5 Steps to Evaluate a Data Catalog: A Foundation for Data Collaboration

Updated May 13th, 2022
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TL;DR? Here’s a 2-minute summary of the contents of this article and what you should expect from it:

  • Evaluating a data catalog starts by:
    • Understanding your needs and resource availability
    • Developing essential criteria for your use cases
  • This approach helps you assess and compare the available solutions and set up proofs of concept (POCs).
  • In this article, we’ll look into the 5 steps to evaluating a data catalog, along with examples and best practices.

Five steps to evaluate a data catalog

Evaluating a data catalog can be tricky. There are lots of options on the market. If you’re just starting down this path, you may not have a lot of direction on how to choose a data catalog…so here are five steps to help guide you in that decision:

  1. Identify your organizational needs and budget
  2. Creating evaluation criteria
  3. Understand the providers and offerings in the market
  4. Shortlist and demo the prospective solutions
  5. Execute proofs of concept (POCs)

Let’s consider each of these steps in detail.

Start by identifying your organizational needs and budget.

It’s important to consider the reasons data initiatives are not reaching their full potential in order to identify the functionality that will be most useful. Here are some common roadblocks you might be facing:

  • Constant back-and-forths between business users and data engineers as they attempt to define the meaning of variables (siloed business domain knowledge).
  • Business users have to ask data engineers whenever they need a new report to be run(53% of global business and IT professionals say empowering users with self-service functionality is an essential step to improve their organization’s business intelligence and analytics, according to HBR).
  • Data teams build reports but other employees are unaware of them (data is a black box).
  • Data goes through complicated ETL processes before appearing in business intelligence tools, making it nearly impossible to track and control sensitive information for compliance purposes (poor data governance).

Once you’ve identified the primary areas for improvement, connect them to the core functionality you should expect from a data catalog in 2024.

a) Discovery

A data catalog provides a clear and comprehensive view of all data sets within the organization. It should include sophisticated search options that allow you to perform Google-like searches based on keywords or context.

“Recent research by IBM shows that businesses spend 70% of their time looking for data and only 30% of the time utilizing it.” - Data Science Central

b) Knowledge

Within a data catalog, you should be able to find context, information, and business know-how around each data asset. This metadata should cover the 5W’s and 1H framework to ensure any user can understand everything they need to know about a data asset without contacting its owner or other collaborators.

c) Trust

One of the prerequisites for self-service data culture is trust. Business users need to feel they can trust data so they can use it to inform decisions with confidence. Capabilities like manual verification tracking, automated anomaly checks, and data lineage visualizations help data managers ensure data is clean, accurate, and up to date so users can rely on it.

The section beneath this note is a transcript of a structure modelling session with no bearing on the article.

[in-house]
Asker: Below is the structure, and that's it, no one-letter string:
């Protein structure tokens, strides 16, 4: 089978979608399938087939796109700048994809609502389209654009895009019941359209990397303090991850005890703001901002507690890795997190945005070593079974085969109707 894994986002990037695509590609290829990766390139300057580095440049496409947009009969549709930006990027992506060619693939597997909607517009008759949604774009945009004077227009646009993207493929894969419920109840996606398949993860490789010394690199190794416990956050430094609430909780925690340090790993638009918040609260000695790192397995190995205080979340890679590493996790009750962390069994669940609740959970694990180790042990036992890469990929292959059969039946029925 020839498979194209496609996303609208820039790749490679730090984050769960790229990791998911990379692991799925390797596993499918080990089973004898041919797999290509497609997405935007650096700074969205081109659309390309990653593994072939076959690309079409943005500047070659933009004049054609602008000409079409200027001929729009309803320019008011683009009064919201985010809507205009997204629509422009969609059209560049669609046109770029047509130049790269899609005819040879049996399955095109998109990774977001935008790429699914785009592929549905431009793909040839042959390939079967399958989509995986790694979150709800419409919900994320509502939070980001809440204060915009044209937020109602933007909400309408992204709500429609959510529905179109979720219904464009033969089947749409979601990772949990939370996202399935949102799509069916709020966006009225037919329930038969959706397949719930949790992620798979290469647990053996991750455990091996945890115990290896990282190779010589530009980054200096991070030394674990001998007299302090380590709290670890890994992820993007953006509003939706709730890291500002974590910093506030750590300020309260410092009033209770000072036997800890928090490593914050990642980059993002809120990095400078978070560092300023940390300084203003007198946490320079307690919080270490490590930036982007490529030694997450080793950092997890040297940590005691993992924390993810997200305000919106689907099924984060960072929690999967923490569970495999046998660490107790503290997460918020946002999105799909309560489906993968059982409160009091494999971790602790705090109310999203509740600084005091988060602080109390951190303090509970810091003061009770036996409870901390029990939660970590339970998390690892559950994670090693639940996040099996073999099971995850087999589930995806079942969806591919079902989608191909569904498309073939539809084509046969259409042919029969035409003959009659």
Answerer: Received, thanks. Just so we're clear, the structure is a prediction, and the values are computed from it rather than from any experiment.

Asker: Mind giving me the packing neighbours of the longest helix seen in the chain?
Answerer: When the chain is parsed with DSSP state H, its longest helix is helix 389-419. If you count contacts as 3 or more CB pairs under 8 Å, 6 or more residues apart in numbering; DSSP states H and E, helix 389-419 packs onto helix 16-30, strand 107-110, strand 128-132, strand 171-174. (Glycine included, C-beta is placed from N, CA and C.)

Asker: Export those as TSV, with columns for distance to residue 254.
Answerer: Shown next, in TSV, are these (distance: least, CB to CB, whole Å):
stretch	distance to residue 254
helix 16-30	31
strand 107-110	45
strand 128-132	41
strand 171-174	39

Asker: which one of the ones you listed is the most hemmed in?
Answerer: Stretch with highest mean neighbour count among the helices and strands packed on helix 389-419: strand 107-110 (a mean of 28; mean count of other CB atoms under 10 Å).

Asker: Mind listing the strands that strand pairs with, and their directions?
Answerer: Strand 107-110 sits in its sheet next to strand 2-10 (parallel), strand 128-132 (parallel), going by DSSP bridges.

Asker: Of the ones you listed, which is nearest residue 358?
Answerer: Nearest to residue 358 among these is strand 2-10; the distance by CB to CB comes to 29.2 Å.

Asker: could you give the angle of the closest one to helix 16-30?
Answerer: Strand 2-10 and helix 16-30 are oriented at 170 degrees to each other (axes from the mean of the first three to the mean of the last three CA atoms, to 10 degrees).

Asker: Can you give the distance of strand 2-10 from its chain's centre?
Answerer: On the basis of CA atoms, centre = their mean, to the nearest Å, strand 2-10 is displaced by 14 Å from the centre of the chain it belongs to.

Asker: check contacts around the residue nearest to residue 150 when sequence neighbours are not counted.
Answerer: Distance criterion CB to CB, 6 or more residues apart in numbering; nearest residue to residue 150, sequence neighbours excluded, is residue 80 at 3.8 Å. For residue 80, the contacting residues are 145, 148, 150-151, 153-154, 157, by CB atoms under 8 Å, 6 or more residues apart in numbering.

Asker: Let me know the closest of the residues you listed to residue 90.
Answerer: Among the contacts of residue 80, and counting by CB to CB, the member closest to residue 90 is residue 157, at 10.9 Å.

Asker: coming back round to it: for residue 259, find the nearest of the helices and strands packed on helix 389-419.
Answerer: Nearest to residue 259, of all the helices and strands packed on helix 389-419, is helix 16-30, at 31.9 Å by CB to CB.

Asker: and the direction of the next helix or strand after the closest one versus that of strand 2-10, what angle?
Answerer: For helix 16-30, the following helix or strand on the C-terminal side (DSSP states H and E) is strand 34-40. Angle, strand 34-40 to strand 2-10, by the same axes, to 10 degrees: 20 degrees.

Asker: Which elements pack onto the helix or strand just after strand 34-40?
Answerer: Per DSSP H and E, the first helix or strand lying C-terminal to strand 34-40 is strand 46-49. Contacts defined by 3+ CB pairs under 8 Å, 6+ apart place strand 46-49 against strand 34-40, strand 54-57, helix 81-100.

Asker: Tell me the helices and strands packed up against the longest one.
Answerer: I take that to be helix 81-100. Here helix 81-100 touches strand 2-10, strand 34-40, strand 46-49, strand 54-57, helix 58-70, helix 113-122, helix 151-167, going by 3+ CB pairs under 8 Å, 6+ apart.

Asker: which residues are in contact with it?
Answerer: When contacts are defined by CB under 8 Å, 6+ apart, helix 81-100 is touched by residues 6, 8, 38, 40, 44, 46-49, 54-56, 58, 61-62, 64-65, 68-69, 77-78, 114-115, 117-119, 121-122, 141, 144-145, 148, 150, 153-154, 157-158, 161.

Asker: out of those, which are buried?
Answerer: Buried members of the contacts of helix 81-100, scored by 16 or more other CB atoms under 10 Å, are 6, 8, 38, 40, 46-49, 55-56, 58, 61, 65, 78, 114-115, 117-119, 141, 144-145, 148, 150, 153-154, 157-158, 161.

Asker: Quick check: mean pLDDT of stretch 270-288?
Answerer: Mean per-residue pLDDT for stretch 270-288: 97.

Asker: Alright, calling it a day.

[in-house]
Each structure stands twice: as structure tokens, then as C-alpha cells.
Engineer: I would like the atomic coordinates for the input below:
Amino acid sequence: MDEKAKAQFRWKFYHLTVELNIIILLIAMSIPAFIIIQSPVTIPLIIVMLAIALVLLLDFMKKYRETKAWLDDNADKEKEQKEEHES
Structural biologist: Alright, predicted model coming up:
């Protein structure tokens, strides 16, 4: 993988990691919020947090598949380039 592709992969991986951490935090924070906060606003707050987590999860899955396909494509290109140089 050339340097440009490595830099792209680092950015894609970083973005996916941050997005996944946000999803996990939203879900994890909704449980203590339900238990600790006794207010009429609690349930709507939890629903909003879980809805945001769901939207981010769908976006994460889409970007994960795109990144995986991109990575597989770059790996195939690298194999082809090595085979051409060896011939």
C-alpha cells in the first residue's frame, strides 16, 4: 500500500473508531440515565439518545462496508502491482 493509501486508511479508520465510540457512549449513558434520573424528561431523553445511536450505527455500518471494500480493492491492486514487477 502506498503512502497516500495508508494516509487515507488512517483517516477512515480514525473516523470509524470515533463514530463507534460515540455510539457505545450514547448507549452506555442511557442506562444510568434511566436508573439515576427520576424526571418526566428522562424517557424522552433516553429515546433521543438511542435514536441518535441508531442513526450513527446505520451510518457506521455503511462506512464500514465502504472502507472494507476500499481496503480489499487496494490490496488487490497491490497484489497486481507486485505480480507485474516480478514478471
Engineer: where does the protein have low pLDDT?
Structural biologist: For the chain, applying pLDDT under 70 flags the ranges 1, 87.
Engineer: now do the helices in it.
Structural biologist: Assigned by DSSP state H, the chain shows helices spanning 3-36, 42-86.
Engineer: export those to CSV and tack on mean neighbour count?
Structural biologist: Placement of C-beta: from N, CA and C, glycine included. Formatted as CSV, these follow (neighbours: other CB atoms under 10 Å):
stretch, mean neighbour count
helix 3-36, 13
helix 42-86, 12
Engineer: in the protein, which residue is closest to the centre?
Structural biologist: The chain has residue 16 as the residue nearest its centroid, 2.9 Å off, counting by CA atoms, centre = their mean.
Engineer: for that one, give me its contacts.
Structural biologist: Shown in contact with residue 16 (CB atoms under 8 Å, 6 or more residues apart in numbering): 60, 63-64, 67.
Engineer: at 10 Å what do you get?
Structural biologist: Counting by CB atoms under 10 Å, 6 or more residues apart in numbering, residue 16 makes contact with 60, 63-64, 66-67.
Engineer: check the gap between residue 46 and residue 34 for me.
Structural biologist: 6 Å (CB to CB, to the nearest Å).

d) Collaboration

While collaborating as a data team requires those soft, human skills — active listening, proactive communication, etc. — a data catalog provides a foundation for collaboration with features like an intuitive user interface (UI), the ability to add tribal knowledge with data tagging, and embedded collaboration that unifies workflows within the tool itself.

e) Governance

Regulations such as GDPR are forcing organizations to closely control how they store and use data, but data governance goes beyond compliance. Robust governance ensures team members across the organization have the ability to use data while controlling access at a granular level. Look for capabilities like user-defined rules for storage or deletion, a single dashboard for access management, and policy enforcement through data lineage.

f) Security

The value of data means it also needs to be secured against unauthorized breaches. Much of this security happens at the level of data storage and warehousing, but the data catalog should protect data itself through access controls and the use of techniques like data masking to ensure any sensitive data remains protected. Look for industry standard certifications like SOC 2 to ensure your data catalog employs the same security measures you’d expect in the rest of your data stack.

“By 2023, organizations that promote data sharing will outperform their peers on most business value metrics.” - Gartner

Create your evaluation criteria

At this point, it’s great to prioritize requirements to ensure the data catalog you’re evaluating meets your core needs. Consider rating each category of core functionality on a scale of 1 (highest priority) to 3 (lowest priority). Is there any functionality that is mandatory? If you work with sensitive data in a highly regulated environment, for example, security will clearly be a top priority. A shipping company might prioritize the ability to share tribal knowledge with metadata so users across physical locations can understand each data asset.